Following the protest, CJBC posted a video on its TikTok account of the cards and protest. Kang said one card shown in the TikTok contained vulgar language, which members of the CJBC e-board told the University they had not seen.
The Heights was unable to confirm the content of the TikTok.
At a second meeting, Kang said the University brought charges against the club for disorderly conduct and falsely claiming to have been unaware of the profanity in the cards, citing the TikTok as evidence the e-board members had seen the language and lied during the first informal meeting.
“They took that as proof that we were lying to them—saying that we hadn’t seen [the valentines], but obviously this TikTok shows one of [the valentines], so [they claimed] we had,” she said.
Kang said she and the other members of the e-board had not seen the TikTok—as the social media team is in charge of the club’s online accounts, and the president, vice president, and treasurer do not review social media content before it is posted.
Kang said the University did not find CJBC guilty for lying, but found the club guilty of disorderly conduct.
“They did throw that accusation out because it just wasn’t true—us as the e-board did not see it, but our social media team obviously saw it,” she said.
According to Kang, the University often conflicts with CJBC because of their “opposing” views.
“I think for them, we’re just a pain in the neck, and anything they can do to kind of bring us under some sort of sanction is what they want to do, which I get—it’s hard you know, we’re opposing teams,” she said.
Kang said she learned right before Spring Break that CJBC was placed on probation for the next year.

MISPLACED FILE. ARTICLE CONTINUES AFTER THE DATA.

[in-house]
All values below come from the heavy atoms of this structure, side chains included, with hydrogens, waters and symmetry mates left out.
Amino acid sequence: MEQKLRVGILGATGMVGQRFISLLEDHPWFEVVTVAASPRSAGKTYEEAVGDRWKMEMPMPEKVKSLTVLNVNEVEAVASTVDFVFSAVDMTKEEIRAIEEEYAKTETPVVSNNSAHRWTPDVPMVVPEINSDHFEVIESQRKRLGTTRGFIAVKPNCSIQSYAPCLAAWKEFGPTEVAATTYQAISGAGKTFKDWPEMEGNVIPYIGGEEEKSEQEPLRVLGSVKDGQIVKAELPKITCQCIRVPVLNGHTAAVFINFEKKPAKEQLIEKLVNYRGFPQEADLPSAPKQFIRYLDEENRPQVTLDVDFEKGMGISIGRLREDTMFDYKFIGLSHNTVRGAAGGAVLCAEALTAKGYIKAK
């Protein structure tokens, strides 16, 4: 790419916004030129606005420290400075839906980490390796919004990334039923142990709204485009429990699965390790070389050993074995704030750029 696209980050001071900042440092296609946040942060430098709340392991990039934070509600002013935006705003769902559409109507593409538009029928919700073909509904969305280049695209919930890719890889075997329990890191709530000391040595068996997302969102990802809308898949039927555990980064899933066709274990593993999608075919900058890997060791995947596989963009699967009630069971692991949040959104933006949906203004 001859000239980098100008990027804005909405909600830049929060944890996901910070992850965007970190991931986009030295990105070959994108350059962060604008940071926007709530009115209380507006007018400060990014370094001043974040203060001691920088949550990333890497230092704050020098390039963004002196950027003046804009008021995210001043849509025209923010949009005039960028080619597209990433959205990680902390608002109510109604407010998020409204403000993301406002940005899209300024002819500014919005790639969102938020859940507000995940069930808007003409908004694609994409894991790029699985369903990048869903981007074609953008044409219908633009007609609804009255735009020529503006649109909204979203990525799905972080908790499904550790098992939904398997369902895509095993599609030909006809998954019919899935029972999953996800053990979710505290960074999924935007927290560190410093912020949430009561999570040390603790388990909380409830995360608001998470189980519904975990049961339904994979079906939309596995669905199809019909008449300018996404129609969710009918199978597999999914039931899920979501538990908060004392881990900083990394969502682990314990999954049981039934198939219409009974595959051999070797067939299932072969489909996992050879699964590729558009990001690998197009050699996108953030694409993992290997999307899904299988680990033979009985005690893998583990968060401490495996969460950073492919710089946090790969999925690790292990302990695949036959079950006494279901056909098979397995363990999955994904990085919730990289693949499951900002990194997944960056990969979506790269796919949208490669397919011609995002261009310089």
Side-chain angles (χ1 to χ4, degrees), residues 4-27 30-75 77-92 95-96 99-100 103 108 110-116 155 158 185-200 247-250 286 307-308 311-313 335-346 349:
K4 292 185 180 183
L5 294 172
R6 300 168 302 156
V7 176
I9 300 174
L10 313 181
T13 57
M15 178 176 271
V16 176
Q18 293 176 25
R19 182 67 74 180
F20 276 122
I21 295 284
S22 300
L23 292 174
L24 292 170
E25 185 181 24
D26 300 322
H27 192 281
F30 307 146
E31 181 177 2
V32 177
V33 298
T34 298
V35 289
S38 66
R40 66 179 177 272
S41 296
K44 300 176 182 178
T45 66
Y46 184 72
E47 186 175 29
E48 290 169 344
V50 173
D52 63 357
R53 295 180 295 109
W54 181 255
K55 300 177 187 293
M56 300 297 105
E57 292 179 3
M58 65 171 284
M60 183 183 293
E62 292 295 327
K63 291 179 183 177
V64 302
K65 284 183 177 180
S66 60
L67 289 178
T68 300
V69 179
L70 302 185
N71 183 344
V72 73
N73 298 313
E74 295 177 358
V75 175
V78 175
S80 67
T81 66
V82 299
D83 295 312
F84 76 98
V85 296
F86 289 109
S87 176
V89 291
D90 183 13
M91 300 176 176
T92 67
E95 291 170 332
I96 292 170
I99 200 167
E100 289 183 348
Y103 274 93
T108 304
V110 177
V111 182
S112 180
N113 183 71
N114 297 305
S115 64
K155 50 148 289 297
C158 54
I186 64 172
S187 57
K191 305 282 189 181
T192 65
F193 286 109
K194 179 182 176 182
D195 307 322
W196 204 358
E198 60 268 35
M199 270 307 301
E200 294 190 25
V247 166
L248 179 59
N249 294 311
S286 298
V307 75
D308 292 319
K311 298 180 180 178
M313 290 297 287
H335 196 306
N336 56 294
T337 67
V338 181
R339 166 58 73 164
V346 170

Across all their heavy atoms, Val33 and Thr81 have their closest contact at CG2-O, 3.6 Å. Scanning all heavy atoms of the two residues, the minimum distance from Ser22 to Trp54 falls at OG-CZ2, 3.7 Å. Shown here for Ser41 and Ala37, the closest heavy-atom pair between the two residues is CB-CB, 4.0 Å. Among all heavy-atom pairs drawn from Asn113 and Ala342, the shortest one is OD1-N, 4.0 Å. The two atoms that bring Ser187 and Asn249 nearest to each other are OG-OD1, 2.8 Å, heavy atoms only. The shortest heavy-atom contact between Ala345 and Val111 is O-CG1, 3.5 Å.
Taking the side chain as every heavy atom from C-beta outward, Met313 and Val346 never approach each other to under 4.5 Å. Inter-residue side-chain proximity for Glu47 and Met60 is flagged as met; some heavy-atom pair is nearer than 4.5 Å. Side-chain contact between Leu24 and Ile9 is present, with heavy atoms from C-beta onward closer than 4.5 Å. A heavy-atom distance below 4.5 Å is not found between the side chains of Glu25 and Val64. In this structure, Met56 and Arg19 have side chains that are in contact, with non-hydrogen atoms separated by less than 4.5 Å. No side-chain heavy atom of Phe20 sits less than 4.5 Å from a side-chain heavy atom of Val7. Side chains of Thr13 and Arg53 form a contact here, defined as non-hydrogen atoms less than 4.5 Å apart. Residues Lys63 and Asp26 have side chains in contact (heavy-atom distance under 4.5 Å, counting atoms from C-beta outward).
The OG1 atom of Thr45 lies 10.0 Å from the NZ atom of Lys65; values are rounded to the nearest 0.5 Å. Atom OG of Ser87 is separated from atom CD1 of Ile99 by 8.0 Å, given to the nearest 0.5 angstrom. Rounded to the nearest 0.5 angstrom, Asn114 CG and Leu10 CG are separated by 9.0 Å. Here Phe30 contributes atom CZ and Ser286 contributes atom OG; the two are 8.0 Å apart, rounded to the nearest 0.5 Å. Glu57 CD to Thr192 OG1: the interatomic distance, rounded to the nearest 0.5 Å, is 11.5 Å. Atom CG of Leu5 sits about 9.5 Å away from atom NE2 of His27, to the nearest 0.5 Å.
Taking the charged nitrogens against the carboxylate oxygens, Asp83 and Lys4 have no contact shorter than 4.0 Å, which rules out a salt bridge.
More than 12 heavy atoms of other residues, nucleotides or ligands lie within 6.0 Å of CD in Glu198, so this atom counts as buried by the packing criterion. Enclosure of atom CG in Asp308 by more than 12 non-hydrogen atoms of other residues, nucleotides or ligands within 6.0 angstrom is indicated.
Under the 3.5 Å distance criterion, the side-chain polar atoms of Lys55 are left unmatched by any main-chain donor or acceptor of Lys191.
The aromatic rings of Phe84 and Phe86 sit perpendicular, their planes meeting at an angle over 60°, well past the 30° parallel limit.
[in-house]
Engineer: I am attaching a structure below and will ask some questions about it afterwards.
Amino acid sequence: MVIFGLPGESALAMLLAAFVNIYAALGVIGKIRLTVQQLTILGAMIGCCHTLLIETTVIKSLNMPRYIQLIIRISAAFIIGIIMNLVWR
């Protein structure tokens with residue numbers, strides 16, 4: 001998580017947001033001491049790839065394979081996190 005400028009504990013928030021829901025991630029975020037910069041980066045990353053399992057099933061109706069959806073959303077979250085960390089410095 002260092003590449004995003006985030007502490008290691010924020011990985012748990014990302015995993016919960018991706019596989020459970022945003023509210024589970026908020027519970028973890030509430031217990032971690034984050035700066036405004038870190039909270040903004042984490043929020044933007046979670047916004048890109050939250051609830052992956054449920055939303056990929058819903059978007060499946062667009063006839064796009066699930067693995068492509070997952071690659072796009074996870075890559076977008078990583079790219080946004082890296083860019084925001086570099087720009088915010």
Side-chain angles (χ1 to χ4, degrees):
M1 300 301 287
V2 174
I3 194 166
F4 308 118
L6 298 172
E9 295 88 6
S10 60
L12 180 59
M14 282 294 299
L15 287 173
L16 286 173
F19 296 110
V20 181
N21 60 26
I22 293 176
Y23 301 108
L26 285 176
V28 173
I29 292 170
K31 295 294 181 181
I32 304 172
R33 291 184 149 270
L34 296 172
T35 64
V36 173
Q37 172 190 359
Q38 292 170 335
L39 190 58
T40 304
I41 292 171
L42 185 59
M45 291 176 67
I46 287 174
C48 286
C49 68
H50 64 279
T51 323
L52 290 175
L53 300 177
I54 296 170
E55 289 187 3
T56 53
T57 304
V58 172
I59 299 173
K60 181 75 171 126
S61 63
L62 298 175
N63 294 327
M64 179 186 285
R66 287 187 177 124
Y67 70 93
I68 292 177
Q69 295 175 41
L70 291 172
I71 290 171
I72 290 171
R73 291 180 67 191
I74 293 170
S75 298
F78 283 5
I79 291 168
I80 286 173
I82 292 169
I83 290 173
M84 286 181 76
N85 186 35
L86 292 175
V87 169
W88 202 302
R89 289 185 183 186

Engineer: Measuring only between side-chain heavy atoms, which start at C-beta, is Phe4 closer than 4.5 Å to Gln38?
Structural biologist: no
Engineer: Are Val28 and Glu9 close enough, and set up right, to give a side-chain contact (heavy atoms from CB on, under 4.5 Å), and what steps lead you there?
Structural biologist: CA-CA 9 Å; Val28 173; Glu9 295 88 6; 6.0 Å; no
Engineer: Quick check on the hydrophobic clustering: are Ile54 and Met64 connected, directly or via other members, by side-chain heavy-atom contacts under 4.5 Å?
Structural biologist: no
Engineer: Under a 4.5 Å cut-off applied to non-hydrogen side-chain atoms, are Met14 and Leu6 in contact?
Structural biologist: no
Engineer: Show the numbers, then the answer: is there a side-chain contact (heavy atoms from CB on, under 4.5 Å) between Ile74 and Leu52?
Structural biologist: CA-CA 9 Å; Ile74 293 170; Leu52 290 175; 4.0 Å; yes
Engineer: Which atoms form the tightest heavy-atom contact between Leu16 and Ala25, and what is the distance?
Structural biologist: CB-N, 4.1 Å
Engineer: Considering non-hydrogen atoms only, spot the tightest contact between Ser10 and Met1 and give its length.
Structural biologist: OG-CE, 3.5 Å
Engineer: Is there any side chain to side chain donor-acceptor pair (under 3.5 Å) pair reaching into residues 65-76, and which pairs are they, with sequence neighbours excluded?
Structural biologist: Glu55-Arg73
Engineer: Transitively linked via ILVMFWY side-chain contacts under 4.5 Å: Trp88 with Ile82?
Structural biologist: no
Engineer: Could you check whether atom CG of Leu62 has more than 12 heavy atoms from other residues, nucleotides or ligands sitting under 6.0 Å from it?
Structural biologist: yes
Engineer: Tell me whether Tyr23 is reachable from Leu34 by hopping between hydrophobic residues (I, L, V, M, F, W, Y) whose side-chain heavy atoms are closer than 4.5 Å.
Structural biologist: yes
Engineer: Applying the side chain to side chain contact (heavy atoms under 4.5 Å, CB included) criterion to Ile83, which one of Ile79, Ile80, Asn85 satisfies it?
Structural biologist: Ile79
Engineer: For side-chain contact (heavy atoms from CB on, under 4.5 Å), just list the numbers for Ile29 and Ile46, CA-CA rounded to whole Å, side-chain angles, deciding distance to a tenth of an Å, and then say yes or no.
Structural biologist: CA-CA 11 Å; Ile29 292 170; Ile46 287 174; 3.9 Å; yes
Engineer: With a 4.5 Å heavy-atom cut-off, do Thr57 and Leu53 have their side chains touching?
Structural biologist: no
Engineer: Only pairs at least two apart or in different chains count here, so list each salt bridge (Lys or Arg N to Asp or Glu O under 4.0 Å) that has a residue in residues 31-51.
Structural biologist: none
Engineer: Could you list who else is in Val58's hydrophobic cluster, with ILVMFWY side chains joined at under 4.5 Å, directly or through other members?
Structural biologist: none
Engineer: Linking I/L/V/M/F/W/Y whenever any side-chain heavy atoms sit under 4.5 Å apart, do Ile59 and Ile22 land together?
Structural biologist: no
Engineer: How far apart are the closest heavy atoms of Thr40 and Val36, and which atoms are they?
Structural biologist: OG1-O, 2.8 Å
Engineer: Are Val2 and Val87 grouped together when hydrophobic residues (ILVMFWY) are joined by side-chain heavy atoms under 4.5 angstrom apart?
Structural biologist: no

Under its probation, CJBC will have to work with the Office of Student Involvement (OSI) to improve its leadership, according to Mogan.
“As part of the conduct process, the group is to work with the Office of Student Involvement to develop a plan to strengthen the group’s leadership in the hopes of increasing the effectiveness of the organization,” Mogan said.
The club must now run every event through the head of OSI for prior approval, Kang said.
“Typically, we’d fill out a form and then just go through [an] online bureaucratic process, but now we have to actually talk to them,” she said. “It is what it is.”
The University, according to Kang, does not want to listen to the club’s call for divestment and has made speaking freely on campus “incredibly difficult.”
Going through the conduct hearing, Kang said, was discouraging.
“They don’t want to listen to us,” she said. “Anything we say is scrutinized in a way that is not productive for anybody. So, you know, it was a really, really, really disheartening process.”
CJBC is uncertain of its future, according to Kang, but members discussed disbanding completely or separating themselves from the University.
“I think we’re still trying to sort out the options because despite the fact that we have not accomplished what we have wanted to accomplish, with every passing year, more people have joined,” she said.
Featured Image by Vikrum Singh / Heights Editor